The ubiquitous red plastic Solo cup comes ready-made in a festive color, and kids love to use these cups as building blocks and then knocking them down with a styrofoam ball or some white wadded paper (snowball fight!). For the game, you can hand out cups when the kids answer a question towards a language goal, and they’ll be competing in no time to build these festive structures.

Christmas Bingo

This one takes a bit of prep (or you can get free printable cards online), but it’s easy to prepare and the kids have so much fun playing it. By creating rhyming riddles and slowly revealing the clues, kids will practice language and articulation as well as problem-solving, and they’ll love the Christmas theme.

Christmas Crafts

Christmas Games for Speech Therapy

“Parents will be delighted when the kids bring home some crafts, so this is a game that’s fun for kids and adults alike,” says Norman S. King, education writer at Brit Student and Next coursework. “With just a pipe cleaner and red and white beads you can create Christmassy candy canes with the kids. Hand out a bead as a reward for the right answer!” Christmas crafts also provide ready-made winter themed decorations for your holiday party.

Same and Different Reindeer Shapes

This game just needs a little output from your printer and you’ll have a fun learning experience on your hands with minimal prep! If you have a little more time, then you can print in color and laminate the cards, but either way you’ll be playing in minutes. Using different cards, you can teach the concepts of ‘same’ and ‘different’ to your class!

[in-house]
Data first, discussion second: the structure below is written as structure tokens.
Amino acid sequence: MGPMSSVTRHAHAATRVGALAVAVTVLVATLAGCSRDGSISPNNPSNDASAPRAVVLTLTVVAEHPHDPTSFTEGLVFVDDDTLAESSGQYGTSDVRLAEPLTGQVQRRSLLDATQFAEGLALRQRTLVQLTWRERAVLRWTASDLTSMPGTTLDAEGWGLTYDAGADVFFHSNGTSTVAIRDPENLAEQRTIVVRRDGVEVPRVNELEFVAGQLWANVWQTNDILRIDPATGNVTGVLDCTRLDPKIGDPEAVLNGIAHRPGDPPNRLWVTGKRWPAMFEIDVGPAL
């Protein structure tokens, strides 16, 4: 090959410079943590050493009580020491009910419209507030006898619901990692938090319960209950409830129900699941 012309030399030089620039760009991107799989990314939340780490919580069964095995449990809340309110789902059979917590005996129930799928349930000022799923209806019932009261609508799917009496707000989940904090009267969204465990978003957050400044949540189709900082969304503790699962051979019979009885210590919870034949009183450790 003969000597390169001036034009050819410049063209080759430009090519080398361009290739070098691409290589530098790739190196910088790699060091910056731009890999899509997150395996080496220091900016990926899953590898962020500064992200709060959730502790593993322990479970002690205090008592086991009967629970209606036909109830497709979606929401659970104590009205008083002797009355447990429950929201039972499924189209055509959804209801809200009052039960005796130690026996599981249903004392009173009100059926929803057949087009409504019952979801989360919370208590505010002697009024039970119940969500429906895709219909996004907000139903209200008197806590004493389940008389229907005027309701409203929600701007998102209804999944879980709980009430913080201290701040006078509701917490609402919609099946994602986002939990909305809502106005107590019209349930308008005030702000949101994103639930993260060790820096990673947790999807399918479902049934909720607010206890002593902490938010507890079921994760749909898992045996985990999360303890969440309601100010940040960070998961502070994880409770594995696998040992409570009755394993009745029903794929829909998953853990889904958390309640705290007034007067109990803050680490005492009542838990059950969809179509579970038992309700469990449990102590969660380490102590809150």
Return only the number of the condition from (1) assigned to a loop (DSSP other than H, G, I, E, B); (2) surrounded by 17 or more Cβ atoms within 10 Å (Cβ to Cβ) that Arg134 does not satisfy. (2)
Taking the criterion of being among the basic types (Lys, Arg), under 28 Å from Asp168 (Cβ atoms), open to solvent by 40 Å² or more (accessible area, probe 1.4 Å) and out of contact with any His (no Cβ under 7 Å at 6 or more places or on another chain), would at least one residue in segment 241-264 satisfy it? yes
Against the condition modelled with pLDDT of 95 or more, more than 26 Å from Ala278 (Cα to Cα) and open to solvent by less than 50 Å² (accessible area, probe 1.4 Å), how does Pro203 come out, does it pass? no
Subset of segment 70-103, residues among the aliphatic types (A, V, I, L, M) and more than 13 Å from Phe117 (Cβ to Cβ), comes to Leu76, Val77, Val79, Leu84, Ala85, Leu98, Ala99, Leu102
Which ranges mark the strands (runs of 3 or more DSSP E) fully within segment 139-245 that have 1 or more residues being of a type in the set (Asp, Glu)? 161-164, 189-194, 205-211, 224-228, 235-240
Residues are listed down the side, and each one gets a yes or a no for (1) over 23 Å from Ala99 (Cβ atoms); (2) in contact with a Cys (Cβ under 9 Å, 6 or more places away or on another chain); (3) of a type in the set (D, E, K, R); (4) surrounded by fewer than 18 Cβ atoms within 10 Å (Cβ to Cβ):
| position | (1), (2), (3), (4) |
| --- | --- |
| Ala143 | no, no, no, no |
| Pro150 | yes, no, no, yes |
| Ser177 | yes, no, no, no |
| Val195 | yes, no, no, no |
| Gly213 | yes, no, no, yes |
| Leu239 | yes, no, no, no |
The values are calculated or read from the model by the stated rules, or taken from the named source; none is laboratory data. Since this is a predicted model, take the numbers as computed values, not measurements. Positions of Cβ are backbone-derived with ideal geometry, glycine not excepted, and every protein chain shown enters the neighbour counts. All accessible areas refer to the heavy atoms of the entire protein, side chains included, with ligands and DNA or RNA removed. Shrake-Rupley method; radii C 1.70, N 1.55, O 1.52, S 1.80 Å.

Christmas Story Books

Here’s a top tip: YouTube has a fantastic array of videos showing you a read-through of storybooks, and many of them are Christmas themed. To inspire your class with a festive story, simply load up a video and let them follow along. If you want to make it a bit more interactive, you can turn down the volume and read along yourself. Having it there on YouTube is great as you can pause at any troubling words and take the time to teach them well.

Ho Ho Ho, Merry Christmas!

Though not listed, a big part of Christmas traditions include learning and singing Christmas songs! Singing and all of these fun activities are a great starting point for choosing Christmas games for speech therapy at home. Also, if you are worried about your child’s speech level, contact a speech-language pathologist to have your child tested. Early intervention is key.

Christmas can be a stressful time, but with these no prep speech therapy games, you’ll be laughing all the way home. Merry Christmas!

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The author’s views are entirely his or her own and may not necessarily reflect the views of Blub Blub Inc. All content provided on this website is for informational purposes only and is not intended to be a substitute for independent professional medical judgement, advice, diagnosis, or treatment. Always seek the advice of your physician or other qualified health provider with any questions you may have regarding a medical condition. Never disregard professional medical advice or delay in seeking it because of something you have read on this website.